Charting a new course

It seems fitting that when the Naval Sea Systems Command sought an off-the-shelf electronic commerce solution to support its newly re-engineered procurement process, it relied on innovative thinking to buy just the right software package.

Instead of taking the better-safe-than-sorry government approach of writing an exhaustive, overly detailed request for proposal (RFP), Navsea boiled down what it wanted in an electronic procurement system to a one-page flowchart illustrating its improved business process.

Officials gave the chart to vendors and asked, "How much of this picture can you deliver and at what price?" said Kathleen Monahan, director of the surface systems contracts division at Navsea.

This approach mimicked what Navsea was doing with the services procurement process that it sought to automate using the new software: focus on the performance, not the method. By the way, Navsea officials added, vendor proposals are due back in a month, a fraction of the time traditionally required.

At least one of the software vendors found it a refreshing change from the old way of doing things.

"It was great because it allowed you to be creative and to propose a solution that accomplishes the customer's objective, and in the end, you're judged on the creativity and effectiveness of your solution," said Howard Stern, senior vice president of market development at Aquilent Inc., the eventual winner and developer of the Navsea system. At that time, Aquilent was the integration services arm of e-commerce software developer Commerce One Inc. Aquilent was spun off in March.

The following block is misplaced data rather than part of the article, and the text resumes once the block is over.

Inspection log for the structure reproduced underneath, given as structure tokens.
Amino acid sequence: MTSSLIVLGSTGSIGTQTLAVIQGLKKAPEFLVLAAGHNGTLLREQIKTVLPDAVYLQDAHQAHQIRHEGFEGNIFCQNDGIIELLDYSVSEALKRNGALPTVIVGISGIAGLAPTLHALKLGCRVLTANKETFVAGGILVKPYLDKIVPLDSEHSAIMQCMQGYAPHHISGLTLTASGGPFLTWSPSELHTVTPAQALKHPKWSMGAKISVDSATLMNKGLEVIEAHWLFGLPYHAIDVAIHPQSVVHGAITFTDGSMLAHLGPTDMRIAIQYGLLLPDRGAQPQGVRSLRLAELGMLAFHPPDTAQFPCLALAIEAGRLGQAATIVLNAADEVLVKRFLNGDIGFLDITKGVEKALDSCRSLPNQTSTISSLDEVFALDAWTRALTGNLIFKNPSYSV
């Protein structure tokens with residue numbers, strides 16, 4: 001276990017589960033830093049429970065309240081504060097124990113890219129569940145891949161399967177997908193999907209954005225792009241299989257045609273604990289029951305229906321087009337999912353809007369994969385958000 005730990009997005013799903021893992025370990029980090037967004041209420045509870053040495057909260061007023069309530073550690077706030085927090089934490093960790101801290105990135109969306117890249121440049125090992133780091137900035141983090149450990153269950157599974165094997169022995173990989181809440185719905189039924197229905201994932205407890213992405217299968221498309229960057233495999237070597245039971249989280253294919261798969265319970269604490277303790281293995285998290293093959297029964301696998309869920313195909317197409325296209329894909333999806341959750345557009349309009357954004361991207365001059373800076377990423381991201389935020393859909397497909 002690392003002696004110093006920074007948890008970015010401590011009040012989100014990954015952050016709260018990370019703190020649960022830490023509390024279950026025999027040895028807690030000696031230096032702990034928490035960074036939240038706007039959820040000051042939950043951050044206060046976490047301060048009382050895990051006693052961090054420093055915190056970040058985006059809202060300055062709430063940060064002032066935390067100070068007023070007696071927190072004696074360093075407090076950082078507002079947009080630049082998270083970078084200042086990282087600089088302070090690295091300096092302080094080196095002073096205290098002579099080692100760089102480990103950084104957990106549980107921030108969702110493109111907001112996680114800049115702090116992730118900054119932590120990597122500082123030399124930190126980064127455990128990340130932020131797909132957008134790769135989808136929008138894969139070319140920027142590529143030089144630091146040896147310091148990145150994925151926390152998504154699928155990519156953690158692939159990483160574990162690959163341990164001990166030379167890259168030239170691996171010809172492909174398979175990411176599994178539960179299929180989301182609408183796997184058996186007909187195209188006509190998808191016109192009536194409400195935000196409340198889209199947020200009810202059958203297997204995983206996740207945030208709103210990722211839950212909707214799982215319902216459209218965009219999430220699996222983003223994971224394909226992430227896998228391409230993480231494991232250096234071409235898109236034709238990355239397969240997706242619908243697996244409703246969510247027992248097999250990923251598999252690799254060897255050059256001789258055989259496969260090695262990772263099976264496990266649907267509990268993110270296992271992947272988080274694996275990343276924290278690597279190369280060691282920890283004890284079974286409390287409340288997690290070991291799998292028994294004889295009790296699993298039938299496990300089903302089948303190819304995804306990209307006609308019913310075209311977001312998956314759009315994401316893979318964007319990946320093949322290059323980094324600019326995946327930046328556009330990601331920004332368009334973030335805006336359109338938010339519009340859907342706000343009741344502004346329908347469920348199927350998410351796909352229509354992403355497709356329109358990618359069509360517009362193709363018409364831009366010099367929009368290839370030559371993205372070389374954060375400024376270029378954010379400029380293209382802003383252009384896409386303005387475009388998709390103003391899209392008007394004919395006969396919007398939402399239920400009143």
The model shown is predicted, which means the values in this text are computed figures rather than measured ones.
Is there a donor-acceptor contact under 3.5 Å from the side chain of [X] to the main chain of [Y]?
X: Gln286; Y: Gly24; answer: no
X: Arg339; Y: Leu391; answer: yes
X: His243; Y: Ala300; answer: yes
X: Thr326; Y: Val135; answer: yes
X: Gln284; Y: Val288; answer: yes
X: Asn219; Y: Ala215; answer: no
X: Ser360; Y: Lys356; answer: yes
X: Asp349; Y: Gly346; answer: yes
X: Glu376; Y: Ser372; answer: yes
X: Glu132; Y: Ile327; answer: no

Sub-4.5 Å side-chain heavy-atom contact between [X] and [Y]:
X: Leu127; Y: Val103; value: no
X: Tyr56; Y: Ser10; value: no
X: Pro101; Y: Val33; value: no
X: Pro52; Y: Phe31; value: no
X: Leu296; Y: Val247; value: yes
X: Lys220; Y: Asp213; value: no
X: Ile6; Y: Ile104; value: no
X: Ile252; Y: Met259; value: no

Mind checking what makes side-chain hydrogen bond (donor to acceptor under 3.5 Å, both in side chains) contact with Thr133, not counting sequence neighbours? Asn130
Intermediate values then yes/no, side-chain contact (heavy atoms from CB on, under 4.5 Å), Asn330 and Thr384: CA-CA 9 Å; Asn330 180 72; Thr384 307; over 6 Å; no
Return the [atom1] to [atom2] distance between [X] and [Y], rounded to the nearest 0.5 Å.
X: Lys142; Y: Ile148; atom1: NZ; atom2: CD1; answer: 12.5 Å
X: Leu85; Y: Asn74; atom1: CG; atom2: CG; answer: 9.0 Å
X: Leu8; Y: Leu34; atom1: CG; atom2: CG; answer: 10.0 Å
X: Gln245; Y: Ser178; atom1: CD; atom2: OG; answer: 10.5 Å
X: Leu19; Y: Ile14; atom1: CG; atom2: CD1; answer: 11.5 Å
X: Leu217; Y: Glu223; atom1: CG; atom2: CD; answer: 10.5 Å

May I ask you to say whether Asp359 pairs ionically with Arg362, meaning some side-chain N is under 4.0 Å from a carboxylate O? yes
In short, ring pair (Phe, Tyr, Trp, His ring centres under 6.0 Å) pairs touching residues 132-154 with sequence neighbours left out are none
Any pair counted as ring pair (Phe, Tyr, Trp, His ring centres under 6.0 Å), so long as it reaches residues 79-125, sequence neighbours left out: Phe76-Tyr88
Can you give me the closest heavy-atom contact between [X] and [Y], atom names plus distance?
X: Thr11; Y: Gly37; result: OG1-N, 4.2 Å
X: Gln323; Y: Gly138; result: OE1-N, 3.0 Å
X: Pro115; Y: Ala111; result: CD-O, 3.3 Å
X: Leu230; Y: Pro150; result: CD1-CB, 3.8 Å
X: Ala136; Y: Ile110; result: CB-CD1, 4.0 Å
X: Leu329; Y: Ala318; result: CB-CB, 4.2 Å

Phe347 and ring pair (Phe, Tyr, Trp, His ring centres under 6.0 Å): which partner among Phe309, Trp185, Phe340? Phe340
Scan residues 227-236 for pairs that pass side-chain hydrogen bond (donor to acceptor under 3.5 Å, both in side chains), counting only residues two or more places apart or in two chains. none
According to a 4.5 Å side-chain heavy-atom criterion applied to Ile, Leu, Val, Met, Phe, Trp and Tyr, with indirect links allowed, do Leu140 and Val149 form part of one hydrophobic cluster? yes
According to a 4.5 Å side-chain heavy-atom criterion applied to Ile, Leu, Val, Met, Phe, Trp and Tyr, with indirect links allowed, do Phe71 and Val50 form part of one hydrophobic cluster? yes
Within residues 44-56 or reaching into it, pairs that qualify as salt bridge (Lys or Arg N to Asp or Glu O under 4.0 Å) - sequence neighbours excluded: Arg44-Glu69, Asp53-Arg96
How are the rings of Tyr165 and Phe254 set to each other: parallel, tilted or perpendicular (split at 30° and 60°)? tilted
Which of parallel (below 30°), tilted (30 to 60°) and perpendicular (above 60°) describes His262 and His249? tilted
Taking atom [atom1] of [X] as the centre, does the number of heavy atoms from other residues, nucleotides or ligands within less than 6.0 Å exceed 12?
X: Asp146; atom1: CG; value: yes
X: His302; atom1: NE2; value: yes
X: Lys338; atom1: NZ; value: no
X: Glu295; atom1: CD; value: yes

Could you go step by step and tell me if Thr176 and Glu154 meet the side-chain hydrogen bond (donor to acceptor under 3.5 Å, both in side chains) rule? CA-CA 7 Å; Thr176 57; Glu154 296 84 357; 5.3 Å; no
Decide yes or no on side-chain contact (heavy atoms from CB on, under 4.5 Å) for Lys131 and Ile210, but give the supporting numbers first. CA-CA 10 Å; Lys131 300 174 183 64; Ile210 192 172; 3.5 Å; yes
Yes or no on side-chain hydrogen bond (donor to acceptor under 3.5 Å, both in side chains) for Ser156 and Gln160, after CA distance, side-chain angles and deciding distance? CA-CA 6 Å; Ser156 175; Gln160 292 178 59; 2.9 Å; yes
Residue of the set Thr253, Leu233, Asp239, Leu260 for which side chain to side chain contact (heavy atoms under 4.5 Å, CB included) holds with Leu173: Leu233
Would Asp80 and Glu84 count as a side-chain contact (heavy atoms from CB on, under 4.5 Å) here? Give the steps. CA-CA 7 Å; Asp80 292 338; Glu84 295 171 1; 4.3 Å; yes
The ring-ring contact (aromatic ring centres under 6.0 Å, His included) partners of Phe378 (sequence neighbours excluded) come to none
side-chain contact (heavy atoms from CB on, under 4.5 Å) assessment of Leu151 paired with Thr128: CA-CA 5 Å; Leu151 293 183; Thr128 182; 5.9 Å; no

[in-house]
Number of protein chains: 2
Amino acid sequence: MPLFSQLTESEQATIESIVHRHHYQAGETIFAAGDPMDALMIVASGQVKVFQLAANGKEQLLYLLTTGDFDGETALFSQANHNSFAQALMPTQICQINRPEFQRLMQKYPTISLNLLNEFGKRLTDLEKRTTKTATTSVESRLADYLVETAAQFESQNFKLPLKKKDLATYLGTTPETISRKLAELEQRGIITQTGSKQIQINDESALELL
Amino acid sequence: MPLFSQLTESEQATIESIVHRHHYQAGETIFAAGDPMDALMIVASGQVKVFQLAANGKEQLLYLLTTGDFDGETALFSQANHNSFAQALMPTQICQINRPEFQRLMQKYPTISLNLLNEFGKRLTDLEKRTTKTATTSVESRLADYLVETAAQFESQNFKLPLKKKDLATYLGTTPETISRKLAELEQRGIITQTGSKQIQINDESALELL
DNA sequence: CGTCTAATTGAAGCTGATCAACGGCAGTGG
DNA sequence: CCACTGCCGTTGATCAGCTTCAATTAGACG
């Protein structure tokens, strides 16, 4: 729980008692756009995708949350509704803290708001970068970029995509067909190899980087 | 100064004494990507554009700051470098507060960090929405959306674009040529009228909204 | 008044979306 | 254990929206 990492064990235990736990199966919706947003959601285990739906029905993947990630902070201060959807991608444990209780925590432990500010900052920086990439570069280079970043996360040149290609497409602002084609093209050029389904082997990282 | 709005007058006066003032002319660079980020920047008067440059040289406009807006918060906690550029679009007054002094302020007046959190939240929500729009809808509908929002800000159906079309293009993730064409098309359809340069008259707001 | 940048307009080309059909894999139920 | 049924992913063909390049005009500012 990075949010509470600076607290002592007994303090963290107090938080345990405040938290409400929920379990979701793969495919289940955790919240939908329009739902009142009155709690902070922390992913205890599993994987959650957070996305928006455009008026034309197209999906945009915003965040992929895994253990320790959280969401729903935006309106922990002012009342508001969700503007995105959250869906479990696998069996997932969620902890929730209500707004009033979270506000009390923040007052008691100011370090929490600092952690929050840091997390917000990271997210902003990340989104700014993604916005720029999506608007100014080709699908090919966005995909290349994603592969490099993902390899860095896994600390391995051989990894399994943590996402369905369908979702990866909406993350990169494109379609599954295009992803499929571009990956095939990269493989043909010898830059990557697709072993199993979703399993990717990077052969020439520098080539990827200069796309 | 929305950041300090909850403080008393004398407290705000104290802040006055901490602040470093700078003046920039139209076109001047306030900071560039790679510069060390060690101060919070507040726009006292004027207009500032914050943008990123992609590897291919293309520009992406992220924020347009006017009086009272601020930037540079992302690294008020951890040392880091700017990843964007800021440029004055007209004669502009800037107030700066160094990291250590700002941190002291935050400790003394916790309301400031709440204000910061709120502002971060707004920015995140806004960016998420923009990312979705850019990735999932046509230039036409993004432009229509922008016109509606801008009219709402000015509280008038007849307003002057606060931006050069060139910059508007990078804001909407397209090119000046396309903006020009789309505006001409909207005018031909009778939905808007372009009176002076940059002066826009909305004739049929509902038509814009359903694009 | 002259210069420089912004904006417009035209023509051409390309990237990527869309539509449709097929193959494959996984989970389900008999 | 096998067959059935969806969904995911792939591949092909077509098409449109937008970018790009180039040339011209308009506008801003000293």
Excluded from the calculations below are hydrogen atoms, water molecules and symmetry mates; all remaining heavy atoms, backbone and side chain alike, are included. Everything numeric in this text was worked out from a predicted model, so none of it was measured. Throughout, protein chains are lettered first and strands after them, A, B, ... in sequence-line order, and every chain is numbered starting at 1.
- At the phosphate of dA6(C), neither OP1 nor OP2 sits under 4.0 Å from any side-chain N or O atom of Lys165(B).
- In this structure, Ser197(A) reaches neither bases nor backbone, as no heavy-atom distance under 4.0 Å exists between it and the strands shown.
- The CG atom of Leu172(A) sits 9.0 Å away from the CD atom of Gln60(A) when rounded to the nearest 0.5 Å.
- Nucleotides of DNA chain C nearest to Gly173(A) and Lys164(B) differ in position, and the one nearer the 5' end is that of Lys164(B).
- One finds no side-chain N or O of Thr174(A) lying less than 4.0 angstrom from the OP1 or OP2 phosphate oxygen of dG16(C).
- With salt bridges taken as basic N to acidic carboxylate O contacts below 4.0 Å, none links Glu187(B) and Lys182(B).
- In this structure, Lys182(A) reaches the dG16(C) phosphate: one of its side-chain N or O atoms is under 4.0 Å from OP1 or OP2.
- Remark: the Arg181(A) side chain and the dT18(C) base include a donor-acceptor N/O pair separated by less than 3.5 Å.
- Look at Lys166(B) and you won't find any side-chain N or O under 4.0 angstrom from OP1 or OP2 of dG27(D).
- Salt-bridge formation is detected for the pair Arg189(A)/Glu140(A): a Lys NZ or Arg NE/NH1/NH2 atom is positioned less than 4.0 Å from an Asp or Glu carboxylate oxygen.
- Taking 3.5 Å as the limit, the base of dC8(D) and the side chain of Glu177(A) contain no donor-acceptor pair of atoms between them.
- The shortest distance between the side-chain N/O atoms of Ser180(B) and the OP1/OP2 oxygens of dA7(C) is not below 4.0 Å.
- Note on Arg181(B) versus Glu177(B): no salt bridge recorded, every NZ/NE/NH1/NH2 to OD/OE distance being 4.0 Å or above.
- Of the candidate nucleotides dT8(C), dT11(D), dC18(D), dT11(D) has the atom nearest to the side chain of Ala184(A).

In comparison, old-school procurement would have dictated exactly what the system should look like, which more often than not resulted in systems that could not be built with off-the-shelf products. "If you give industry a highly detailed RFP, then they start to move away from giving us what the commercial industry is already using," said Sandy Kline, deputy director for electronic business and contract automation at Navsea.

In the end, Monahan said, all the proposals were "impressive," but the Commerce One bid provided the best combination of value, price and ease of use.

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